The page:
GIVE GAHAN THE BOOT: (Monday) The Reisz Mahal luxury city hall, perhaps the signature Gahan boondoggle.

GIVE GAHAN THE BOOT: (Tuesday) Gahan the faux historic preservationist demolishes the historic structure -- with abundant malice.

GIVE GAHAN THE BOOT: (Wednesday) The shopping cart mayor's cartoonish veneer of a personality cult. Where do we tithe, Leader Dearest?

GIVE GAHAN THE BOOT: (Thursday) That Jeff Gahan has elevated people like David Duggins to positions of authority is reason enough to vote against the Genius of the Floodplain.


November 20, 2014

ON THE AVENUES: Really, the word “progressive” embarrasses you? That’s okay, because political cowardice disgusts me.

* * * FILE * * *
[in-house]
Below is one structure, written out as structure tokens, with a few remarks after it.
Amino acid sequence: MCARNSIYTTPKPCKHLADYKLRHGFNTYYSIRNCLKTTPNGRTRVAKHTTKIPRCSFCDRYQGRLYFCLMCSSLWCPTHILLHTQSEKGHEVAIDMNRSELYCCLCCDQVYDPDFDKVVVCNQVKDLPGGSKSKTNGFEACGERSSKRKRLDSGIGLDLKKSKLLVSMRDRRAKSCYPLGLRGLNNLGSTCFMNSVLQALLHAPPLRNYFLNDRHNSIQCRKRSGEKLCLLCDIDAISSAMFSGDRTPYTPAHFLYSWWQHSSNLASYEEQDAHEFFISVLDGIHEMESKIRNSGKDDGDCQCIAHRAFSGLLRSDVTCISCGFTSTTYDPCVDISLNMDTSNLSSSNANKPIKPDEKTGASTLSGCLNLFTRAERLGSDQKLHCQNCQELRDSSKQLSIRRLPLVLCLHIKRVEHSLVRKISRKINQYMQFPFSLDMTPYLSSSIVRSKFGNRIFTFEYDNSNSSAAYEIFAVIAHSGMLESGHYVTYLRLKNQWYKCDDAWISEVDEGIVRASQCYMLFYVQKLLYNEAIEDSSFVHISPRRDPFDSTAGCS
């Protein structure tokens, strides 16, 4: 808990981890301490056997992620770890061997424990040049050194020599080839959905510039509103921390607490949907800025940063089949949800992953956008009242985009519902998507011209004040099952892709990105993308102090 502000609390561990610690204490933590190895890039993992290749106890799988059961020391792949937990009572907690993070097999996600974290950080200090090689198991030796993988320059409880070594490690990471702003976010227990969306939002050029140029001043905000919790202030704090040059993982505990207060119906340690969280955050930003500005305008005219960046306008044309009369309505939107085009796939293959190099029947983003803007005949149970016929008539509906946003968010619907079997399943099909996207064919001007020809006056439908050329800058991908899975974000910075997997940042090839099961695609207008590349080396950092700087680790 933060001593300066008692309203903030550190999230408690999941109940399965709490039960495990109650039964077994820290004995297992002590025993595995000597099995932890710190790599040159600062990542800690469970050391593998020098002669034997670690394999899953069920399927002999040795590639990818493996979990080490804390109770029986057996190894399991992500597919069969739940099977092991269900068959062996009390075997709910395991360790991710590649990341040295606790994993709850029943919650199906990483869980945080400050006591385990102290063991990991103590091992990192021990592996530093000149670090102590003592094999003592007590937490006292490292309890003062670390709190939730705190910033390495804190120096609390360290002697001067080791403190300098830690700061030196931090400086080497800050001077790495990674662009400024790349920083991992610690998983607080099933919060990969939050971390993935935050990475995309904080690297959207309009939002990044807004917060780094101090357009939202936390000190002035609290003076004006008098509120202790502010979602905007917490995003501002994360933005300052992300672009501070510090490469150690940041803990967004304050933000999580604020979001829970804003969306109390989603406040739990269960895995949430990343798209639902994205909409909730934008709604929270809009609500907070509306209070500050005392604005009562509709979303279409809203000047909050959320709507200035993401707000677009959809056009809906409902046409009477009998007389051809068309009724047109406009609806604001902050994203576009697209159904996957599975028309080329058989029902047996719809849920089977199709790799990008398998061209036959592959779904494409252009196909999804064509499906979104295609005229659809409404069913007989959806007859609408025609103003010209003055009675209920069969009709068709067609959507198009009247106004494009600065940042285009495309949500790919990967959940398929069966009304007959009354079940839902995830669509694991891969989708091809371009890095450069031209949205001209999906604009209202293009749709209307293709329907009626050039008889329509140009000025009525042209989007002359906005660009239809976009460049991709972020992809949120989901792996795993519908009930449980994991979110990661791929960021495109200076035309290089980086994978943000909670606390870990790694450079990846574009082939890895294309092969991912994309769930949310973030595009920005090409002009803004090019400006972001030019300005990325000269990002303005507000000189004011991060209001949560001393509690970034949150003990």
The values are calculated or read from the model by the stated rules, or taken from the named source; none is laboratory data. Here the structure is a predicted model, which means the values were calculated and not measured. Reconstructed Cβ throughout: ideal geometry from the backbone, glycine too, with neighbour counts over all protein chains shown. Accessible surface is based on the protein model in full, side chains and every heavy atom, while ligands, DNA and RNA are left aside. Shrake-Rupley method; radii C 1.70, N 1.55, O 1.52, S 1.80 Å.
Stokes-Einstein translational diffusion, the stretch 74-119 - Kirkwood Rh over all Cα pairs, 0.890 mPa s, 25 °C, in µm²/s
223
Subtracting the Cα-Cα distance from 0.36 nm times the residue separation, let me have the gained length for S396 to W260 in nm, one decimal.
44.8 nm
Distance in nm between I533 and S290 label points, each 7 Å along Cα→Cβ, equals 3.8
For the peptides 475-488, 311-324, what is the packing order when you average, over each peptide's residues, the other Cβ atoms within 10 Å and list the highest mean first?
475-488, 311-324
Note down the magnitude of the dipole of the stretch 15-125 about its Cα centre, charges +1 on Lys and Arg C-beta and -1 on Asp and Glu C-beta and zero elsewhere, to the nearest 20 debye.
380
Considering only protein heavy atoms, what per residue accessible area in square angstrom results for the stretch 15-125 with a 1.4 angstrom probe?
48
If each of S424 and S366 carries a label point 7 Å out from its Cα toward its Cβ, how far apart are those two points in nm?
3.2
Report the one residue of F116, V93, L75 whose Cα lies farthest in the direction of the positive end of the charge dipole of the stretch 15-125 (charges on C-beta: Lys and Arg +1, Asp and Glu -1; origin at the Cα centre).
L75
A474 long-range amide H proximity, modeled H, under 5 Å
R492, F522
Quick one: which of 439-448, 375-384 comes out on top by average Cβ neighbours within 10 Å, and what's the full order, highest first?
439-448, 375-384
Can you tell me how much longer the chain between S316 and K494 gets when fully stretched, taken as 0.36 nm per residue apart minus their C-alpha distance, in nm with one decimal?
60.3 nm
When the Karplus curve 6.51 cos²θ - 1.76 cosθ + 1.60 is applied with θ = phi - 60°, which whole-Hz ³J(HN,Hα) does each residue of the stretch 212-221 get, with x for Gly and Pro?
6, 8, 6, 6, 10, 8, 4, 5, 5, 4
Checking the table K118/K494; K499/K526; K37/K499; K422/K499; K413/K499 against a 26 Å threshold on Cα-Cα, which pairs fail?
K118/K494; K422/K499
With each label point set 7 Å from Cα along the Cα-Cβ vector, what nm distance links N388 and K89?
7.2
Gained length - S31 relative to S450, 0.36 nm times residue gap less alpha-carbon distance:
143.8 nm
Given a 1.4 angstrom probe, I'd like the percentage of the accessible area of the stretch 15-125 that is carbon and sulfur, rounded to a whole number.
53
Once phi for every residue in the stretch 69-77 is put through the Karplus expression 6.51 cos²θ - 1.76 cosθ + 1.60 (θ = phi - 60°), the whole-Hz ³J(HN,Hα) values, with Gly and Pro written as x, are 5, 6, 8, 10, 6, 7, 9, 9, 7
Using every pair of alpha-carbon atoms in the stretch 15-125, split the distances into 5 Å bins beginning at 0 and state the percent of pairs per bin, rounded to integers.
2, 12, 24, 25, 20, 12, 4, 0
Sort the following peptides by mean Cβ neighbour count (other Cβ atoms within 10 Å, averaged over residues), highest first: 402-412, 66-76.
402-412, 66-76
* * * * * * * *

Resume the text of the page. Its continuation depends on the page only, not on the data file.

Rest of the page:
A weekly web column by Roger A. Baylor.

We’ve all experienced those disturbing times during a verbal debate when you know you’ve been whipped.

Your opponent’s grasp of facts and overall rhetorical excellence has you pinned, wiggle room is gone, and disaster looms. You can hope only to limit the damage, and perhaps survive to debate another day.

So it was that one of those times did not occur on Tuesday morning, during or after the merchant meeting, when the city’s economic development director, David Duggins, both publicly and privately read me what he imagined was an impassioned riot act.

Unfortunately, all he managed to do was concede almost every point we’ve tried to make in the past year with respect to City Hall’s persistent errors, with the result that the third floor’s credibility reserve is coughing vapors.